When your business is growing, it's often necessary to bring on extra help to make sure that you don’t fall behind. The use of independent contractors can definitely help fill this need but it can come with some risk. How exactly will hiring independent contractors affect your workers compensation insurance policy?
What is an Independent Contractor?
Independent contractors are people that you hire to perform a job that are not employees of the company. There are very clear differences between an independent contractor and an employee. In order to legally call someone an independent contractor, strict guidelines must be met.
- Do the same work for you as well as for other businesses
- Use their own tools or equipment
- Can hire and pay for help doing the job
- Make profits or suffer losses
- Set their own hours and work schedule
Now look at what an employee must or can do in comparison:
- They have a continuing relationship with their employer.
- They're furnished tools by the employer as needed.
- They must comply with an employer's instructions on when, where, and how to work.
- They are trained by their employer to do the job.
While it may be tempting to simply call your employees “independent contractors,” the cost of being caught with improperly classified employees is much greater than any savings you'll see from lower workers compensation premiums.
The Savings and Costs of Working with Independent Contractors
The potential savings of working with more independent contractors is pretty appealing for many businesses.
- Lower workers compensation costs
- Lower state and federal taxes
- Lower costs for equipment, office space, and supplies
- Lower insurance and other benefits costs
The financial benefits are immediate and a big reason some companies use independent contractors. However, the risk of incorrectly classifying the people you hire, or even working with independent contractors who don't carry their own workers compensation coverage, is bigger than you may realize.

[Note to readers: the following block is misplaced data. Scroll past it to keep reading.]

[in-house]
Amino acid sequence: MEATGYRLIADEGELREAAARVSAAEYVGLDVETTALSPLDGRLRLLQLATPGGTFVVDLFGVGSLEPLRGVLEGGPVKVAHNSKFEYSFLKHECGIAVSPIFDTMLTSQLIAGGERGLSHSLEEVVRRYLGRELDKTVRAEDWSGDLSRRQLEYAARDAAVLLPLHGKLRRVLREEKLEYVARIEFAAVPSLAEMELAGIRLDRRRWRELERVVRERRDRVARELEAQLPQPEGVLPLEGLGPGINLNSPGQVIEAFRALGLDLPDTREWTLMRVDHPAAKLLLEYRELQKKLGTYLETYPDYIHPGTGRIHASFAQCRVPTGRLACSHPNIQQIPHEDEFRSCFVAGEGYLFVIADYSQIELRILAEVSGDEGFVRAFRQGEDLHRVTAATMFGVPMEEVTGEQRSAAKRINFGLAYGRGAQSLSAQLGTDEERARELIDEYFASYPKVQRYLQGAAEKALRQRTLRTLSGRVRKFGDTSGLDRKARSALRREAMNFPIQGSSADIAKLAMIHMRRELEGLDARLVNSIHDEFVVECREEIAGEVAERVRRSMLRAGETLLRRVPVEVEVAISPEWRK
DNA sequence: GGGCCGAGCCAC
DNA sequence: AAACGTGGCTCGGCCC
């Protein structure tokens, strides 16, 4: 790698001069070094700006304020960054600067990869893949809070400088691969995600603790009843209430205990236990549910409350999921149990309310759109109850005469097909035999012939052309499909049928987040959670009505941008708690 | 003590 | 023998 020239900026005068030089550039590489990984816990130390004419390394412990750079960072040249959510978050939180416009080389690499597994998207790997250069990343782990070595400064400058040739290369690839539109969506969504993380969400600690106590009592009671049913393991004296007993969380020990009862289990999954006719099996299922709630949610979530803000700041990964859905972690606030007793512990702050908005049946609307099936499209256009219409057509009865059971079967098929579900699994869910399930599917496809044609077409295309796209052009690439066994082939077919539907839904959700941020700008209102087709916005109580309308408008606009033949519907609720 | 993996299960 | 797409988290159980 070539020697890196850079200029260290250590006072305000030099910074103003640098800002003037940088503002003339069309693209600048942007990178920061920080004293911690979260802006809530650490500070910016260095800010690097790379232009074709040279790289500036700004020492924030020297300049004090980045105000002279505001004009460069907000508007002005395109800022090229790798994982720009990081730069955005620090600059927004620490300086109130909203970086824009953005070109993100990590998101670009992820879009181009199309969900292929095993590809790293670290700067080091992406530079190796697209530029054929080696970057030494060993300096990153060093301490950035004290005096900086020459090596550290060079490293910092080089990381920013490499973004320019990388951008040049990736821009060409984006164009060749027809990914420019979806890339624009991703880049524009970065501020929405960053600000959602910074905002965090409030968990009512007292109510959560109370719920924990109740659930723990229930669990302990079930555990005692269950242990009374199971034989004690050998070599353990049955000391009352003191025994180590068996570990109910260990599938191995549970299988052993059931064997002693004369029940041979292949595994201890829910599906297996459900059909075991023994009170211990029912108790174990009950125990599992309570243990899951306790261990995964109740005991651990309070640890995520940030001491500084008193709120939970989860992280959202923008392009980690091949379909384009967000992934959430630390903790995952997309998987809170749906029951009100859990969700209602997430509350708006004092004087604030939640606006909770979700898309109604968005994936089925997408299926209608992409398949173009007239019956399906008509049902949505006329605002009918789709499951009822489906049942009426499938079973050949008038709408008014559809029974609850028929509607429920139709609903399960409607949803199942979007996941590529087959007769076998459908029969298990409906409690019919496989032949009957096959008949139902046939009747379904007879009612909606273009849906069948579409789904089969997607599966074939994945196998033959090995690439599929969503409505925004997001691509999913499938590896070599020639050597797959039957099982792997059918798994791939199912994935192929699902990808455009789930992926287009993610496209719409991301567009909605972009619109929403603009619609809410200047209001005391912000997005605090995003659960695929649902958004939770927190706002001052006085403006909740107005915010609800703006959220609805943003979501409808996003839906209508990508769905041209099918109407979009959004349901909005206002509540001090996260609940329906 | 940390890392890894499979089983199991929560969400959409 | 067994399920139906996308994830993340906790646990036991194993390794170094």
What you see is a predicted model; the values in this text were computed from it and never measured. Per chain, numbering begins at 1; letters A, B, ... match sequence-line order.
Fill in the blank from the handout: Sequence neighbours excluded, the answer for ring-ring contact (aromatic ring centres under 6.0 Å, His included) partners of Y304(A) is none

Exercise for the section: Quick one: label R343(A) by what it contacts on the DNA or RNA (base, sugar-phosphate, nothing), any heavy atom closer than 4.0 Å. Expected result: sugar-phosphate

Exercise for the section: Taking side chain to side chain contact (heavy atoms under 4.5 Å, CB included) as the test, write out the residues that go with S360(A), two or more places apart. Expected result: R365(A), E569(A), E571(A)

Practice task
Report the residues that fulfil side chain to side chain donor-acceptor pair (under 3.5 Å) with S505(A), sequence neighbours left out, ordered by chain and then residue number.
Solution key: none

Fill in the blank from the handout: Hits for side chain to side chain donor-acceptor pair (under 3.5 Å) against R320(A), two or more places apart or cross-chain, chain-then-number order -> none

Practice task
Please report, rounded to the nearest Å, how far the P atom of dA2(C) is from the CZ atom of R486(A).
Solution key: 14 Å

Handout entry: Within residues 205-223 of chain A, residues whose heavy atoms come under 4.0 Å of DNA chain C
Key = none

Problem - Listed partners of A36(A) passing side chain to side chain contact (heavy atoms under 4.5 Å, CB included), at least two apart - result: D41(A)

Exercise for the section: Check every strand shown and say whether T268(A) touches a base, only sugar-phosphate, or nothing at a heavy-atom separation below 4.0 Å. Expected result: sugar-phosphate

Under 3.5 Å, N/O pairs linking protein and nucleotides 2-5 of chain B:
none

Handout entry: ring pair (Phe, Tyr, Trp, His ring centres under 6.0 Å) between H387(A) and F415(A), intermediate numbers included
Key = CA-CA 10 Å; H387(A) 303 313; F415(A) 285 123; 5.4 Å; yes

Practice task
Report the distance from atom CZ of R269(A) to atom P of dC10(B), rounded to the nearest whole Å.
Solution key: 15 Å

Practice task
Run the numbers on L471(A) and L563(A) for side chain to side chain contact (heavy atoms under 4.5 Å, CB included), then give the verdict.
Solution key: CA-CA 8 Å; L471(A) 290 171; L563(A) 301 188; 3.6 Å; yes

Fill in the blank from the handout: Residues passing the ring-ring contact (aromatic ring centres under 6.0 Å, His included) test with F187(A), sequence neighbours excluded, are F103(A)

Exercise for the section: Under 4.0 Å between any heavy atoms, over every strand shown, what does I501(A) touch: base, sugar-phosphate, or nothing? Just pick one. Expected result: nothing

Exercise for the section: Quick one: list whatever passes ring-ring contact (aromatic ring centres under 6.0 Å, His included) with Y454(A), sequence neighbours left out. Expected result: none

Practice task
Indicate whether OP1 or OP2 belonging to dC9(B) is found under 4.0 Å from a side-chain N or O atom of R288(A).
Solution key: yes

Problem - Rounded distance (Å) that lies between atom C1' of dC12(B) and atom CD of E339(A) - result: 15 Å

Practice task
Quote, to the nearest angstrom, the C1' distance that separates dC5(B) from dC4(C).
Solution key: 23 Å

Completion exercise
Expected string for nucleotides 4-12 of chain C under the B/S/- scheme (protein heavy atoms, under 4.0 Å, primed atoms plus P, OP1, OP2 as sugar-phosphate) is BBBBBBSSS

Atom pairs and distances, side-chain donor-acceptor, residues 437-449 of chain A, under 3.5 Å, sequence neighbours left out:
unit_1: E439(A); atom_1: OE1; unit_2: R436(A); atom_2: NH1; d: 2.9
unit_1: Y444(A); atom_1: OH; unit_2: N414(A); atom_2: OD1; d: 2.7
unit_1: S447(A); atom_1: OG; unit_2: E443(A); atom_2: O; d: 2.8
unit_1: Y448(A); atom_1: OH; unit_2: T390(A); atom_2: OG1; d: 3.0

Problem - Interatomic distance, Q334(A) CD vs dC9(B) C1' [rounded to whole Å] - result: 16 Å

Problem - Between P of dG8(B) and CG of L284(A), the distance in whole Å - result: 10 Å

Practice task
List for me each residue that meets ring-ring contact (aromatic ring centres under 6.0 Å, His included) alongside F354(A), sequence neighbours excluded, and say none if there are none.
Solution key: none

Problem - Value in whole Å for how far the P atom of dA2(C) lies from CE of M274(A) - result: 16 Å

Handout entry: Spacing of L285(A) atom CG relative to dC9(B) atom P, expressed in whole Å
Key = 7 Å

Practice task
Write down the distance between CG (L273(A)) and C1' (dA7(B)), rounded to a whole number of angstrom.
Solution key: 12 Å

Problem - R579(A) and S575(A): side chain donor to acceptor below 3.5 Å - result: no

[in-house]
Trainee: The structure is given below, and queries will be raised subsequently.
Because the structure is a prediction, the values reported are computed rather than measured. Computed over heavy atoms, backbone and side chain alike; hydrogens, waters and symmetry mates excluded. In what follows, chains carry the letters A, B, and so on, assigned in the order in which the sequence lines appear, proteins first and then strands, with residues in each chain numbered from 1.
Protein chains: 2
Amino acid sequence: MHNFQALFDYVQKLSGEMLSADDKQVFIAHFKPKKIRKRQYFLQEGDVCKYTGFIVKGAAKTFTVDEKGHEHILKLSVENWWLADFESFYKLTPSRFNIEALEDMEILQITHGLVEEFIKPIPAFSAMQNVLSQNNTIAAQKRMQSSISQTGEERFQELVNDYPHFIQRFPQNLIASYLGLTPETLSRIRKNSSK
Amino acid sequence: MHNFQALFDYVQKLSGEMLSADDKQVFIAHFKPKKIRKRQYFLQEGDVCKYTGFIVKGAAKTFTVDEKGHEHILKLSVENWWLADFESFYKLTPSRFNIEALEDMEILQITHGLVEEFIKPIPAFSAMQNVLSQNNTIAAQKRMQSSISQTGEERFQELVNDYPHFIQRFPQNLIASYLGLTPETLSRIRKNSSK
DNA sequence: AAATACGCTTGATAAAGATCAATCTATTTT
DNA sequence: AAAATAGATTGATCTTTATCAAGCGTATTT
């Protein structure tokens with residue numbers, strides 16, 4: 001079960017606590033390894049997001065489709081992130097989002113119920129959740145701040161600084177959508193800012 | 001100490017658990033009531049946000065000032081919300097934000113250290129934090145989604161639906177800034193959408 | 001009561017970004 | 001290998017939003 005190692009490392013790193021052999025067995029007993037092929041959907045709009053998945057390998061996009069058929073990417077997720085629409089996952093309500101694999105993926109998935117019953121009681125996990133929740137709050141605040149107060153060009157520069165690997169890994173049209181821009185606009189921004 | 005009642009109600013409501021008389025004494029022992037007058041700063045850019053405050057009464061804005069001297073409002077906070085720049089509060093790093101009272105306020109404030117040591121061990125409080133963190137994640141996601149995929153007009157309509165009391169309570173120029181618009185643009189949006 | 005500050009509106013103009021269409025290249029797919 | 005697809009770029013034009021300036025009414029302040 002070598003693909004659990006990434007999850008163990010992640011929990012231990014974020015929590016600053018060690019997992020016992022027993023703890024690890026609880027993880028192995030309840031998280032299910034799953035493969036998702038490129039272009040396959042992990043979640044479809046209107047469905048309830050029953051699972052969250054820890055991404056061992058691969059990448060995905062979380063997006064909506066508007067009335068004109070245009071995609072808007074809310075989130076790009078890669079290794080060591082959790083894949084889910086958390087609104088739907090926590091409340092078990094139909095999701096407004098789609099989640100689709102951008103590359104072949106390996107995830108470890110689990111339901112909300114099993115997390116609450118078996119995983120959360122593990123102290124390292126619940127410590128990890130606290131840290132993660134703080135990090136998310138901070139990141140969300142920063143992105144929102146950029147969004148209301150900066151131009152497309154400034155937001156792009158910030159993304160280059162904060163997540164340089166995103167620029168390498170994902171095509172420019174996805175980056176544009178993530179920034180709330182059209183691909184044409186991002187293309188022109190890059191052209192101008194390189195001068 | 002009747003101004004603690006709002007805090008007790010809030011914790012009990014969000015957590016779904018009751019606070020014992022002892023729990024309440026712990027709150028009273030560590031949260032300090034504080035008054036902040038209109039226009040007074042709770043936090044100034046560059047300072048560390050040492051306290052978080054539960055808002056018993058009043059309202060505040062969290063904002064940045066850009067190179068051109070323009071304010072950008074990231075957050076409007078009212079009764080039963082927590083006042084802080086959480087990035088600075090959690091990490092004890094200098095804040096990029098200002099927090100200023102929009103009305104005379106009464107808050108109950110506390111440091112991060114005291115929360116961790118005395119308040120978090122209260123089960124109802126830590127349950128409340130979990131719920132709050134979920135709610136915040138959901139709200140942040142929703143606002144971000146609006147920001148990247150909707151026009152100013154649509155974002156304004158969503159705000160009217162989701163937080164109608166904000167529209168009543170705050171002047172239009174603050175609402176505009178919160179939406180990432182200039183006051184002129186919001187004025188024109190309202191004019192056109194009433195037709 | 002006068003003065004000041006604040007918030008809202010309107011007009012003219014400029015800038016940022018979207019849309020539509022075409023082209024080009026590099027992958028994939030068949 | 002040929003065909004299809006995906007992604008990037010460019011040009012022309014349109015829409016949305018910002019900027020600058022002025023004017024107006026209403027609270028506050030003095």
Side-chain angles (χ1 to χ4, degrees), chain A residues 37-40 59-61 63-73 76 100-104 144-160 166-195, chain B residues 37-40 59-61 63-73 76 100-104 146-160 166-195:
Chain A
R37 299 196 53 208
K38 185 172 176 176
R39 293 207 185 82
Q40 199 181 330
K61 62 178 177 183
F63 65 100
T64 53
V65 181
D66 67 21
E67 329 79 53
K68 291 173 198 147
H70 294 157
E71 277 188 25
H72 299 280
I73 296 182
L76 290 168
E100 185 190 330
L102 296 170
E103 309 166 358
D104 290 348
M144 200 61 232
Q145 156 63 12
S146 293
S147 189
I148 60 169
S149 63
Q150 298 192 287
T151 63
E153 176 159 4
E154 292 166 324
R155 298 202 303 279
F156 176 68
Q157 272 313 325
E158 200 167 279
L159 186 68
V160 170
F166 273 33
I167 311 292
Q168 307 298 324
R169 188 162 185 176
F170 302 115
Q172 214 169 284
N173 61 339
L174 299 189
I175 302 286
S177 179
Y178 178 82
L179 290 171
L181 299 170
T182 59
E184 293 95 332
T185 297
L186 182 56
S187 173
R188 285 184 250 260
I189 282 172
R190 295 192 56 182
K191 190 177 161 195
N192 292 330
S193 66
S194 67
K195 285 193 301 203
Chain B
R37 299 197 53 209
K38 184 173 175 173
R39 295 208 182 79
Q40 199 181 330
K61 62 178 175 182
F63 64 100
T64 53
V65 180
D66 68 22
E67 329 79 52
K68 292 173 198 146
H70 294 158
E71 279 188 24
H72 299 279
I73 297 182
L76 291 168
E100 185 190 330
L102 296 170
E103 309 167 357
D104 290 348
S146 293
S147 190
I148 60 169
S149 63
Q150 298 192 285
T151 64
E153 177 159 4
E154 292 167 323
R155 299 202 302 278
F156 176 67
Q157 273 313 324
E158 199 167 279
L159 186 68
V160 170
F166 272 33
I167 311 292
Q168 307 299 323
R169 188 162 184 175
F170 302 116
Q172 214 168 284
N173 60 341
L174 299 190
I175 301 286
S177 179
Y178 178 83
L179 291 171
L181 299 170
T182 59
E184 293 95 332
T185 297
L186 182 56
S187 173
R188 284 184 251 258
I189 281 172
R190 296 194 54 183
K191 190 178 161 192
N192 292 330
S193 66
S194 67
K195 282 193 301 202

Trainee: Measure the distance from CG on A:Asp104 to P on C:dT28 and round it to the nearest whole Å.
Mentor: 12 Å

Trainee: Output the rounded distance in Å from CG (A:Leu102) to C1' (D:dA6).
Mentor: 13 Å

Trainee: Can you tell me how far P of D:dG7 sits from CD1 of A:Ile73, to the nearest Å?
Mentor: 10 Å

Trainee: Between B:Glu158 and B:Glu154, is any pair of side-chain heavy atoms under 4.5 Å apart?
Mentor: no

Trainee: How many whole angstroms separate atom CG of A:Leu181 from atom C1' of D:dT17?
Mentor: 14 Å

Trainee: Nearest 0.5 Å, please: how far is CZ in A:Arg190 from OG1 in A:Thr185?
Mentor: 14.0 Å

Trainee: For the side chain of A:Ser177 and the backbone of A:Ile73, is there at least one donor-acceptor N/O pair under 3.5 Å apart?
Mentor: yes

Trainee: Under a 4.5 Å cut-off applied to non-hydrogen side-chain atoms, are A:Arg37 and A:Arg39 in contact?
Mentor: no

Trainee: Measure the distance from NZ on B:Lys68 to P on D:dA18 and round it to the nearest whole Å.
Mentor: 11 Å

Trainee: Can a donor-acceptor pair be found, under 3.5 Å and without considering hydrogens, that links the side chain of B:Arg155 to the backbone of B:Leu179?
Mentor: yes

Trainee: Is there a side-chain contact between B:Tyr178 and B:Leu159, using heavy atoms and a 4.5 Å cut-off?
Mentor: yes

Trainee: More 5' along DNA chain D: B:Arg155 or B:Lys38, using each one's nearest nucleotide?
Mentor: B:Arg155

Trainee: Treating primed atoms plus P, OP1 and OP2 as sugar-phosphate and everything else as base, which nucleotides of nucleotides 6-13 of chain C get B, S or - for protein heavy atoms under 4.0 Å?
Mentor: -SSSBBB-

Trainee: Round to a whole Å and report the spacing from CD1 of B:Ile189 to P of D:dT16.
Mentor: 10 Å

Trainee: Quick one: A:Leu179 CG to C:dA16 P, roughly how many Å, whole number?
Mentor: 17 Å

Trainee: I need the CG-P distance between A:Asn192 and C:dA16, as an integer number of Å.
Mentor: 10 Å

Workers compensation isn't simply a protection for your employees when they get hurt or sick on the job. While medical costs and lost wages are covered, you, as the business owner, are also protected from lawsuits. An independent contractor, however, can still sue you if they become hurt – with no limitations on the amount.
If you improperly classify employees as independent contractors in order lower your workers compensation insurance premiums, a few things can happen.
- The IRS may audit you. If you've incorrectly labeled employees as “independent contractors” you will face tax fines and legal penalties.
- You'll have a gap in your insurance coverage. If someone is injured and sues, you'll pay all of the costs associated with the lawsuit, you'll pay fines and penalties for not carrying workers compensation coverage, and you'll still have to purchase coverage and pay the premiums for a new policy.
Turning your employees into independent contractors may sound like a great idea, but don't do it unless you're truly prepared to treat those workers as independent contractors.
If you have questions about your current workers compensation policy or if you'd like to discuss how you can lower your costs, contact us at Charlotte Insurance.